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Food is Scarce, Love is Abundant

Love is in abundance at camp Goz Amer where Sara-Christine and Team i-ACT are conducting year one assessments of the Little Ripples program. Photo: Gabriel Stauring/i-ACT

Love is in abundance at camp Goz Amer where Sara-Christine and Team i-ACT are conducting year one assessments of the Little Ripples program. Photo: Gabriel Stauring/i-ACT

Day Two of assessments is now complete, with another 80 respondents!

If you can believe it, today was hotter than yesterday. We are outside all day for the assessments — luckily under the shade of the school hallway — but, man oh man, does that heat wear you down. I’m pretty sure I was wearing the dehydration on my sleeve, since multiple people today asked me if I was alright. I said, “Yes of course!” I always hold myself up on tables with a blank expression as if I’m going to pass out… don’t even worry about it.

Ok, I wasn’t going to pass out. And yes, it’s my fault for appearing so ill. I should drink more water and eat more food. But working with the refugees in the camps, you’re in an environment that is deprived of essentials, surrounded by people who, unlike me, must bear the heat, the lack of water, and the lack of food every day. I’m not exactly jumping at the opportunity to scarf down a Cliff Bar. Especially not in front of children who are visibly malnourished, quietly waiting to be interviewed, only to return to their homes where, we’re learning, they have very little food at their disposal. I repeat, very little.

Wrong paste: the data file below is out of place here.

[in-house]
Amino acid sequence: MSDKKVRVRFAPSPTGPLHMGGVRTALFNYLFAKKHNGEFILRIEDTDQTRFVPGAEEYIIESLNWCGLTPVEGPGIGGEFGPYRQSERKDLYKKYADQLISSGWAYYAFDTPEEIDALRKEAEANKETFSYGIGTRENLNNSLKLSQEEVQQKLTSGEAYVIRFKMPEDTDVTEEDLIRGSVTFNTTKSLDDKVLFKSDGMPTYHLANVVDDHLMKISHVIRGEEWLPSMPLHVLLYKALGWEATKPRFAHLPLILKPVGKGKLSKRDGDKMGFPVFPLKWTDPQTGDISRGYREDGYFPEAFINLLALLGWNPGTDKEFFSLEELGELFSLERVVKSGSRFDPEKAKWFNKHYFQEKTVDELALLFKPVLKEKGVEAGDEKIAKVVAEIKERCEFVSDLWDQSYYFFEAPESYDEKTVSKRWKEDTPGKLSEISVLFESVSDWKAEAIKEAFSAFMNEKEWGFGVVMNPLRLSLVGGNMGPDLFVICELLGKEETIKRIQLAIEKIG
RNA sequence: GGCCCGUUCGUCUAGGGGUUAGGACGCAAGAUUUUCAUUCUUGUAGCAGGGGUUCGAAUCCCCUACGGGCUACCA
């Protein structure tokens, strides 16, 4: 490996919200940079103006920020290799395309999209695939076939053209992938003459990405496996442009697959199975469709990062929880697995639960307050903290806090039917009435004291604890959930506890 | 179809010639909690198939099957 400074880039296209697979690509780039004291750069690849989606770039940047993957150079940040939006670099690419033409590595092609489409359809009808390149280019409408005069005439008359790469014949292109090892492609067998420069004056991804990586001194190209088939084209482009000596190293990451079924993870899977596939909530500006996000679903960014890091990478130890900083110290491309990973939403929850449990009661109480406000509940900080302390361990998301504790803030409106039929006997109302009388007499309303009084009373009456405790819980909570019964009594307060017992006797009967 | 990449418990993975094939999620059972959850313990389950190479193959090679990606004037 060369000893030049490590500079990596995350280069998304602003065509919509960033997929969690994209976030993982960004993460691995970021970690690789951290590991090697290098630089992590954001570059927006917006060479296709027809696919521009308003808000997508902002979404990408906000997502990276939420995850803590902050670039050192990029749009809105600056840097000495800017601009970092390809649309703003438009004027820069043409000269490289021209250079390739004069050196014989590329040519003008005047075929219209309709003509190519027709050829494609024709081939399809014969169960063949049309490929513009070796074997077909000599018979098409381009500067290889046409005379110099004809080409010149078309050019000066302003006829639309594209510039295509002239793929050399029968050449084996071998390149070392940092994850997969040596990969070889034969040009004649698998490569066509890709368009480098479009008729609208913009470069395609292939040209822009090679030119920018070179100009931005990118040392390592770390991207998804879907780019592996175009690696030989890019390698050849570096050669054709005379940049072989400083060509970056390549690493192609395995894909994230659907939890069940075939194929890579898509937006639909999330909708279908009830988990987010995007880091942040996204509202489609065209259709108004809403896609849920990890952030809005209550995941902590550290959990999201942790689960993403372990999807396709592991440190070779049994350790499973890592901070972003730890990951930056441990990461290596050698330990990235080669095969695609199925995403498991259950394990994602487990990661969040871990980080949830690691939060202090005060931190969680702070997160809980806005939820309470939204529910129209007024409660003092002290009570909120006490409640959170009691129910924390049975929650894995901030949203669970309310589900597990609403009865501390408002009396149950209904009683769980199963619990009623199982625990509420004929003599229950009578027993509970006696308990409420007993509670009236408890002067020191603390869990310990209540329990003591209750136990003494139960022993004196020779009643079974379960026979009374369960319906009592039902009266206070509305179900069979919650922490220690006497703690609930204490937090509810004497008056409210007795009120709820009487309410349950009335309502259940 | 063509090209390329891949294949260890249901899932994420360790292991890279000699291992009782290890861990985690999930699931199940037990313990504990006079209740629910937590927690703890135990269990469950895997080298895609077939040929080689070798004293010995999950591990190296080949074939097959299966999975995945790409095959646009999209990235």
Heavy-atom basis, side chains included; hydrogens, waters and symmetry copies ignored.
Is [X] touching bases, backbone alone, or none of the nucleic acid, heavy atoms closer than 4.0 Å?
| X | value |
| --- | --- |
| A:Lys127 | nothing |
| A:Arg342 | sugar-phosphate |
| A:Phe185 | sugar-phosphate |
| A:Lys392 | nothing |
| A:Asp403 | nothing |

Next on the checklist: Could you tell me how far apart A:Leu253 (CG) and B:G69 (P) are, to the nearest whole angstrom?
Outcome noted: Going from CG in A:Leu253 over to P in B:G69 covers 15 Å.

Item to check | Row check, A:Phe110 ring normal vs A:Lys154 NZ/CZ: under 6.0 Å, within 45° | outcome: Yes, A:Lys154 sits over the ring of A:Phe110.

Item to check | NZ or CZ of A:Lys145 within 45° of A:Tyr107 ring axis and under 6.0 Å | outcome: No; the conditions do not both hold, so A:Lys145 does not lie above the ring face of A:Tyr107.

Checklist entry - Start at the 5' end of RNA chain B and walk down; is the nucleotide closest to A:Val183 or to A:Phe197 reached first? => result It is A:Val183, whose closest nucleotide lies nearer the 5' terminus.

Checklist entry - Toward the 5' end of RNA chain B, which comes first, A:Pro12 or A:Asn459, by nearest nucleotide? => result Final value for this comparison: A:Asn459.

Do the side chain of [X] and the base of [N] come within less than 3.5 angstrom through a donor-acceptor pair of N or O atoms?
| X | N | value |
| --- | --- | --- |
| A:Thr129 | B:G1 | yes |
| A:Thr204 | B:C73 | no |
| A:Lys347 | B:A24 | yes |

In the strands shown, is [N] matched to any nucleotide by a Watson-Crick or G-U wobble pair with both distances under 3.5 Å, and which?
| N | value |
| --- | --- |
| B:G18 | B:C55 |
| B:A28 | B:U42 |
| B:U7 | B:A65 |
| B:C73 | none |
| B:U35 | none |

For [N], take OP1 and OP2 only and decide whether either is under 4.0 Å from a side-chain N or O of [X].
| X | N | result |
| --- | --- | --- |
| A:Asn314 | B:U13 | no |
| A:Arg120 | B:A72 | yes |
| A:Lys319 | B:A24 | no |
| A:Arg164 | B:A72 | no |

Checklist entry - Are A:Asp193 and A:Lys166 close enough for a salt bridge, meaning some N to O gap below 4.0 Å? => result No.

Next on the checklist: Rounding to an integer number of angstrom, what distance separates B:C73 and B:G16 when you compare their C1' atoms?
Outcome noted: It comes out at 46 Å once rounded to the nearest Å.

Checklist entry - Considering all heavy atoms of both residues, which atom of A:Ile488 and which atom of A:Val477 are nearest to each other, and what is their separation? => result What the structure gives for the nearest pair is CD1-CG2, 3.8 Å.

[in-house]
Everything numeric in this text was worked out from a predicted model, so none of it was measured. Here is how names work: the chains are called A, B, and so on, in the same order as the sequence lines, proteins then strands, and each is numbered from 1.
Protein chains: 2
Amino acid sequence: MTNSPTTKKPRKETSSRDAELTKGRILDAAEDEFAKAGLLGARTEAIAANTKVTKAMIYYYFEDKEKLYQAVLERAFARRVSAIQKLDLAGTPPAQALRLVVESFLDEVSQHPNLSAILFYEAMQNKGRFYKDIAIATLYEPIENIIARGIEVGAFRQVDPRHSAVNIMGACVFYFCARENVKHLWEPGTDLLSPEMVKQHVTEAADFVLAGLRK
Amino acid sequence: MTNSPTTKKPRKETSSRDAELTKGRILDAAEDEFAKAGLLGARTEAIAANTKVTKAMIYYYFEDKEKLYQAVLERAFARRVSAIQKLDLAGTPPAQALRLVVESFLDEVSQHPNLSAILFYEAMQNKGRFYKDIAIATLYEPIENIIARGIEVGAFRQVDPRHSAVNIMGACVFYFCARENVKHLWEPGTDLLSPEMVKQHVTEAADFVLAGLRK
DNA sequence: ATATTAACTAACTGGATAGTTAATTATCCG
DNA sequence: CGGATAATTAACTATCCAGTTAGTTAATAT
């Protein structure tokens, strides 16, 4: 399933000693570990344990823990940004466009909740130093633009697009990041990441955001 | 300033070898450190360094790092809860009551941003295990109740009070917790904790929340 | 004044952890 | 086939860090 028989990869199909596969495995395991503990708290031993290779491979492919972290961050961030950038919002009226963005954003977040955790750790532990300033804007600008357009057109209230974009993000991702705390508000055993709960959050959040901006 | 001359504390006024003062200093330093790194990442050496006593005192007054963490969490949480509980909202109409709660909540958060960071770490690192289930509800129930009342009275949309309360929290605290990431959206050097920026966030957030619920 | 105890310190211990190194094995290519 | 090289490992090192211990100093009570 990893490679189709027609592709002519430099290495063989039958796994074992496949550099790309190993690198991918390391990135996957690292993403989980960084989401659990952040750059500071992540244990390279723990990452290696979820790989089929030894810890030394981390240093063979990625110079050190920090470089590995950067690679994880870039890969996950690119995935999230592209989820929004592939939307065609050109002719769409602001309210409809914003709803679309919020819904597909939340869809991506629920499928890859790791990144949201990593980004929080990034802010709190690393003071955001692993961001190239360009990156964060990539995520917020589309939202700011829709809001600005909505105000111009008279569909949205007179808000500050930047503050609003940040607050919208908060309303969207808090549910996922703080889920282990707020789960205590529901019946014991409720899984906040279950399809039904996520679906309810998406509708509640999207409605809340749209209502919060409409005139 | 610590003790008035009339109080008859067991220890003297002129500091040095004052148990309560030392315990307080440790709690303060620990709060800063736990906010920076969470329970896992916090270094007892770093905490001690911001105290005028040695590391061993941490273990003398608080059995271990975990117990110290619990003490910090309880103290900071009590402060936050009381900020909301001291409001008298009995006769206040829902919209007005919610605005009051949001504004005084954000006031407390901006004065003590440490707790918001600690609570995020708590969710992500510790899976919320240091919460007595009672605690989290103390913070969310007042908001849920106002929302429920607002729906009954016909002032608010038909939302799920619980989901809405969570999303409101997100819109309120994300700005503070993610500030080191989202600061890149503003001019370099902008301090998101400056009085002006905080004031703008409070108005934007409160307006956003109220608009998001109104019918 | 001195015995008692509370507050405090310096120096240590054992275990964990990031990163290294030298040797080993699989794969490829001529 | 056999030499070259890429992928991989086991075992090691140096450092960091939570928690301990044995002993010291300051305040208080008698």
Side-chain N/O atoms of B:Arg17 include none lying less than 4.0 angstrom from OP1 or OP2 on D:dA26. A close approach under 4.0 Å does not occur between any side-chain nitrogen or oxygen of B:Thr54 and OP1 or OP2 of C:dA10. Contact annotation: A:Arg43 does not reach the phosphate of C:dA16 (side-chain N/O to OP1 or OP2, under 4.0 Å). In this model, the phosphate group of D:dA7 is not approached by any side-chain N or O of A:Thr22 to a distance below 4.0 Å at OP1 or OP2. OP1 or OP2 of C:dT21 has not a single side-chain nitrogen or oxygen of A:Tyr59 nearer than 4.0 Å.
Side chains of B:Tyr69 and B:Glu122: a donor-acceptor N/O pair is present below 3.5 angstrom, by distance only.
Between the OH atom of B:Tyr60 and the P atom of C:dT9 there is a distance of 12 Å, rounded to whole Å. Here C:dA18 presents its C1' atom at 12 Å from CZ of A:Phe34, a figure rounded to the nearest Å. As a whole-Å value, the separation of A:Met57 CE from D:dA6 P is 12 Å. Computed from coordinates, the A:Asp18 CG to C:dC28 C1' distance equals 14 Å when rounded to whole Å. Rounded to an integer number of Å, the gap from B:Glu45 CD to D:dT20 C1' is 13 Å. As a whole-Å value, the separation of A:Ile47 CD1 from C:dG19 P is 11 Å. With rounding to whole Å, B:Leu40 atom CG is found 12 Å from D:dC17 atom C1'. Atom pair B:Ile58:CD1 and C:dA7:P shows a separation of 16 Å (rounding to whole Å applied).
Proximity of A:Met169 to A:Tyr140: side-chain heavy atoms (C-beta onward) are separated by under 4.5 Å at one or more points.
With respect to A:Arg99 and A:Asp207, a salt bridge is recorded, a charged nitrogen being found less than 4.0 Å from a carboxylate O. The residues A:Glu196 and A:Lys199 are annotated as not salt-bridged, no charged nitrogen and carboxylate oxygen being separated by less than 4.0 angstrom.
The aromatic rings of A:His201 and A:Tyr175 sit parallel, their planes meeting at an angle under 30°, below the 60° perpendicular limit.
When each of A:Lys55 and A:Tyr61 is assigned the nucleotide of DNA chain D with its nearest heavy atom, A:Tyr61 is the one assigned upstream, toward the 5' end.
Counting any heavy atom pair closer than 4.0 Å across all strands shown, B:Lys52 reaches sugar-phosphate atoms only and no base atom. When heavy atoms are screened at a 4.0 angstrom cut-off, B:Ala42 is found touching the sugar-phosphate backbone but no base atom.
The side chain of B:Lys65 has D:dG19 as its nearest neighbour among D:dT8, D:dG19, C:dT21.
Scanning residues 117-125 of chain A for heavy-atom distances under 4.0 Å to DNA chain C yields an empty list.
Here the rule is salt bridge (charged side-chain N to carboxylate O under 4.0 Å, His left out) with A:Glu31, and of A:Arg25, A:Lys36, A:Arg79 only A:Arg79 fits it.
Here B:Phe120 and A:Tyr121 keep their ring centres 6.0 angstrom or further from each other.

On a more positive note, since we’re with mothers and children all day for our assessments, I get to see so much love! So much love by the mothers not only for their own children, but for the other children and women around them. It’s heartening to witness a strong sense of community. And you should see the faces of the mothers when they get sight of their child’s polaroid. So much pride. Huge smiles light up their faces!! It’s something so simple and is so humbling to share with them. I love being a part of that moment.

Now we’re back at the compound, resting and working, trying to process some of the concerning information we learned today and get ready for our last day at Little Ripples tomorrow. We’ll wrap up assessments, then go walk around the camp to do some in-depth interviews with families. These are always my favorite. Asking open-ended questions and just listening is not only informative and insightful for us and our work but also so important for a people who feel forgotten and voiceless.

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Sara-Christine Dallain

Sara-Christine Dallain holds a B.A. in Political Science from the University of Hawaii at Manoa and a Masters in Public Health from the University of California, Los Angeles. Through her previous work with Direct Relief; Réseau Africain d’Education pour la Santé (RAES) in Senegal, Africa; and Board Member of Chad Relief Foundation; Dallain brings on-the-ground insight and experience in program design, evaluation, and implementation for health and education projects in sub-Saharan Africa. As i-ACT Director of Programs, she manages the development, implementation, and evaluation of i-ACT programs in refugee camps, serves as the organization’s primary grant writer, contributes greatly to social media and marketing content, collaborates with and oversees program volunteers, and supports i-ACT development and fundraising initiatives. Dallain has been working in both southern and eastern Chad refugee camps since 2011, and is one of the staff members regularly traveling to eastern Chad refugee camps and global conferences.


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